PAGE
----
Specs Increasingly Bearish on Yen. Are They Wrong?
Given the weakness in the US dollar, likely because of the collapse of Trump’s agenda and ongoing re-rating of global central bank rate hiking campaigns, why would so many become bearish on the yen? Jack Crooks of Black Swan Capital offers answers.
“Uncertainty is an uncomfortable position. But certainty is an absurd one.”
Based on the positioning in Japanese yen–US dollar (USD/JPY) futures, as measured by the weekly Commitment of Traders Report (COT), speculators are increasingly bearish about the prospects for the Japanese yen as you can see from the chart below:
Net short positions for speculators has grown to 112k contracts based on the latest COT report; the biggest short positioning since late June 2015.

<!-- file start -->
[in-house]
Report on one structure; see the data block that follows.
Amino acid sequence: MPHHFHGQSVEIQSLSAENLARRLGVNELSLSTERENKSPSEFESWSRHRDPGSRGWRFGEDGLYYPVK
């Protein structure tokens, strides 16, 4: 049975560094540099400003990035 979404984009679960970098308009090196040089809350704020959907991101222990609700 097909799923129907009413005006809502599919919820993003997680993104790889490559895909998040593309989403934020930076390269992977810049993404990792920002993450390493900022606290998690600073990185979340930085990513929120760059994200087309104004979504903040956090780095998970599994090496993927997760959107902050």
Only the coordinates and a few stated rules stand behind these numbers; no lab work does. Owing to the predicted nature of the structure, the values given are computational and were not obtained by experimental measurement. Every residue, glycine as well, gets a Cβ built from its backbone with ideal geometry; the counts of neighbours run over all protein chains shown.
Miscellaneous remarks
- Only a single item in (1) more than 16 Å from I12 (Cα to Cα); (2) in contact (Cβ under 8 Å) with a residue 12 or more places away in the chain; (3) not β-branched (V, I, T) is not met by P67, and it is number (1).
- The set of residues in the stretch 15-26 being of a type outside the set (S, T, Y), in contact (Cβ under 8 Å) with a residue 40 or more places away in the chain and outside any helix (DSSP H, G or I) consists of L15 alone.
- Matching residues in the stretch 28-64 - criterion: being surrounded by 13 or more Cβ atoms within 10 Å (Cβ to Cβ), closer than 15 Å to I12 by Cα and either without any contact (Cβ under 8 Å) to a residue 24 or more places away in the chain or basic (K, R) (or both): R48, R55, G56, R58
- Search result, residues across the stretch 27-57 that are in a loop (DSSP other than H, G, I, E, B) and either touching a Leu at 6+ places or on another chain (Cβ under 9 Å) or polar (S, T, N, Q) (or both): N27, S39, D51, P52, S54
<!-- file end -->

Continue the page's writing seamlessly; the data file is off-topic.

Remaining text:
Given the considerable weakness in the US dollar lately, likely because of the collapse of President Trump’s agenda and ongoing re-rating of global central bank rate hiking campaigns relative to the US Fed, why would so many become bearish on the yen?
At first blush, it would seem many are positioning short yen in the belief the yen carry trade is back in vogue; i.e. borrow the low yielding currency, then invest those proceeds into higher yielding alternatives; thus, selling the borrowed yen (weakening it in the process).
It’s not just international specs who get in on this game, as domestic Japanese investors effectively make the same trade by moving money offshore to higher yield locals outside Japan.
The carry trade has a self-reinforcing momentum.
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